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Brazilian researchers discover first possibly venomous amphibian

Publicado em 08 julho 2020

To laypeople, the so-called gymnophions can look like a big earthworm, or even some kind of snake – so much so that they are popularly known as “blind snakes” or “Ceciles”. In fact, these limeless animals are vertebrates of the amphibian group, as are frogs and toads. Although they have existed for about 250 million years, blind snakes are still poorly studied, because they live mostly buried and are difficult to find. Thanks to a team of Brazilian researchers, however, they once again received attention from the scientific community. That’s because they are the first known amphibians that show signs of being venomous.

The discovery was made by researchers from the Butantan Institute with the support of Fapesp (São Paulo Research Foundation). Scientists were analyzing the head of the species Siphonops annulatus when they came across large glands, which were connected by a tube to the animal’s teeth, both in the lower and upper jaws. Structures like this are found in venomous animals, which produce poison and use it in prey or to defend themselves. The study describing the discovery was published in the journal iScience.

To this day, no venomous amphibians are known – only poisonous species. Poisonous animals are those that can produce toxic substances, but do not have structures capable of inoculating them. Some species of frog, for example, secrete poison through glands in the skin, which cause damage to anyone who touches or bites the animal. Blind snakes also have poison, and they secrete it through glands in the tail region.

But the structure found in the head of these animals suggests the existence of a venomous mechanism, that is, to inject the poison. Microscope analyzes have shown that these glands originate from tissues other than the tail poison glands, which arise from the animal’s epithelium. The head glands are derived from dental tissue – the same embryonic origin as venom glands found in snakes, which strongly suggests a very similar mechanism.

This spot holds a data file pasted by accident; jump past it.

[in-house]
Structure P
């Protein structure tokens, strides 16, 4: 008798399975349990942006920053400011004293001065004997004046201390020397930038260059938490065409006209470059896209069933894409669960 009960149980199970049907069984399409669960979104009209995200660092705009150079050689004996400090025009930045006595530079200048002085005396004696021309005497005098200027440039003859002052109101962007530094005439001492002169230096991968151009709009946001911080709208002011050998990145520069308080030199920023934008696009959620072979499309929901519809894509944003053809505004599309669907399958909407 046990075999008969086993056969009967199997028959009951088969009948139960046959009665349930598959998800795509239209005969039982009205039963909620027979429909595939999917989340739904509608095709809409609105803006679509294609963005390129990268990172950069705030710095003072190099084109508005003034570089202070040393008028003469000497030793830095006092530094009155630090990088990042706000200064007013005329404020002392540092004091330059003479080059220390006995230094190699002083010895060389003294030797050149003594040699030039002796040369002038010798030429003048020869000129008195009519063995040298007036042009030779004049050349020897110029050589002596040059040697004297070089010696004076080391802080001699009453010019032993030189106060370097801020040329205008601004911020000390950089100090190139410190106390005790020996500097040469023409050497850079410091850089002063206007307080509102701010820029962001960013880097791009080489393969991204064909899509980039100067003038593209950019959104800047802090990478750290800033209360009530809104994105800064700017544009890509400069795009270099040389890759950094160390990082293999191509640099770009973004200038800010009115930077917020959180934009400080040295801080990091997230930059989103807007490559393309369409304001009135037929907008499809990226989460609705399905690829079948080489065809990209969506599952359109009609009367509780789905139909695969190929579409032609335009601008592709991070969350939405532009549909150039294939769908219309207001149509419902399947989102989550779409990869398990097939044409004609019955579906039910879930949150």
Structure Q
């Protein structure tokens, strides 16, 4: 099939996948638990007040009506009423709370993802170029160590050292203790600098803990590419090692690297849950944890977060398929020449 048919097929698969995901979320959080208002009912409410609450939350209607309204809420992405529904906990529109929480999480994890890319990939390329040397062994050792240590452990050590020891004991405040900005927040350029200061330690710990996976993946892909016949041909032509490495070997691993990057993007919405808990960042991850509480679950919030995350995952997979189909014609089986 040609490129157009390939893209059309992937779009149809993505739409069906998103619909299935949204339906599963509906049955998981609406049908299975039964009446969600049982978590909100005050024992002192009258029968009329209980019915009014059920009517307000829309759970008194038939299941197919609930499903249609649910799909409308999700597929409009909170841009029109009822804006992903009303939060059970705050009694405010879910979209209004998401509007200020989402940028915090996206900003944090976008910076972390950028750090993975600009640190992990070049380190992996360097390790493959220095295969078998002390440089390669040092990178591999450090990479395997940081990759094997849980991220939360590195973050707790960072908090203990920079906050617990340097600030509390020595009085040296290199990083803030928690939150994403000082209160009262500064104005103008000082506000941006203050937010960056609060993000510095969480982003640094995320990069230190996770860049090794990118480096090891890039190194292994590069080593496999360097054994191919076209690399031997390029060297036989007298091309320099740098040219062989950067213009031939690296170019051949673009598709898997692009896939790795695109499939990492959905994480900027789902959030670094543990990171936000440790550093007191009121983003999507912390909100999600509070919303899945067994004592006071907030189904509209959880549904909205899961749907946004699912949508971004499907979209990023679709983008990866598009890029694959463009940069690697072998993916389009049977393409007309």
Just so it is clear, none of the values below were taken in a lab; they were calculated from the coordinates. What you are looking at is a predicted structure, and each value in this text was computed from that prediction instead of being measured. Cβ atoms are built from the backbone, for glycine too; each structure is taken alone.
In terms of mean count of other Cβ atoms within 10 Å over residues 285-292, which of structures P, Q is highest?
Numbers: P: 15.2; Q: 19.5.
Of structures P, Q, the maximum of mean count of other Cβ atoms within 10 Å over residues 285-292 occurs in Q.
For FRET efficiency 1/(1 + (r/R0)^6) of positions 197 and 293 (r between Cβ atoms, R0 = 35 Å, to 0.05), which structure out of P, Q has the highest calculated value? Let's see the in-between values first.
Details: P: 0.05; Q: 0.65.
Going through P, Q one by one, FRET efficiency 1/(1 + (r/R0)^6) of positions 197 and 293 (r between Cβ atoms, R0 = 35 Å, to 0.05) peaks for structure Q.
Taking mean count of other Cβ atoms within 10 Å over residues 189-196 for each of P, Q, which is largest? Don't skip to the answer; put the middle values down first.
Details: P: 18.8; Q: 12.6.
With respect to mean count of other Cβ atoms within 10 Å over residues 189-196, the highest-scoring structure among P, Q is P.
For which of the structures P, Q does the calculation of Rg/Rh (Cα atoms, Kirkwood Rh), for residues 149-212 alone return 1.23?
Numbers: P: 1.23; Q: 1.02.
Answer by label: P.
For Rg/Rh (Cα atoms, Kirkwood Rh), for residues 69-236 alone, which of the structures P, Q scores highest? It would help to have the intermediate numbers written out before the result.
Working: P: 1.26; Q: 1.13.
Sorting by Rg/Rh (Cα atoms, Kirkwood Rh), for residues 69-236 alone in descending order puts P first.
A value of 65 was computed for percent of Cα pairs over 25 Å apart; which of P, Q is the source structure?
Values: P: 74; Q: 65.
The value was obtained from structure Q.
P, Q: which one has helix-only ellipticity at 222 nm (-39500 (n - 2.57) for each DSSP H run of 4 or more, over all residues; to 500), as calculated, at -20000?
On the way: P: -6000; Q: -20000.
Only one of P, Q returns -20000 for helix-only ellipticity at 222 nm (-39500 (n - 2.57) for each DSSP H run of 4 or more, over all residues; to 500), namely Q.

Blind snakes live underground, digging tunnels and feeding on other animals, such as insect larvae, earthworms and even small lizards. Since they have no limbs, they use a mouthful of teeth to bite and incapacitate the prey, and researchers now suspect that it also uses venom to immobilize and help kill their meals.

Despite the discovery, it is still not possible to say with certainty whether the animal is venomous or not. This is because what has been found are structures capable of inoculating the poison, but it has not yet been confirmed whether the substance that exists in these glands is indeed harmful. A preliminary analysis by the researchers has already found high levels of phospholipase A2, an enzyme commonly present in the venom of snakes, spiders and bees, for example, which is a great indication that the substance is indeed toxic, but subsequent studies are necessary to hit the hammer.

If blind snakes are confirmed as venomous animals, there will be implications not only for the species, but for the general understanding of how the mechanism evolved in animals. These amphibians are much older than snakes (250 million years ago versus 120 million, more or less), which suggests that gymnophions may be the first venomous terrestrial animals on the evolutionary scale. In addition, the finding may be another example of the so-called evolutionary convergence – when different animals develop similar mechanisms due to the pressure of natural selection. Snakes and blind snakes are very distant relatives, but even so, they developed similar mechanisms due to the evolution, which selected the members that had venom, since these are probably better hunters.

Scientists suspect that the possible venomous mechanism of blind snakes is a more primitive version of that of snakes, as it has several small glands with a small amount of substance inside, while snakes have few glands, but are much better supplied.

Now, in addition to analyzing the substance produced by the animals to check if it is indeed toxic, the team also intends to study other species of blind snakes (there are more than 200) to see if the mechanism is something general of the group or something unique to Siphonops annulatus.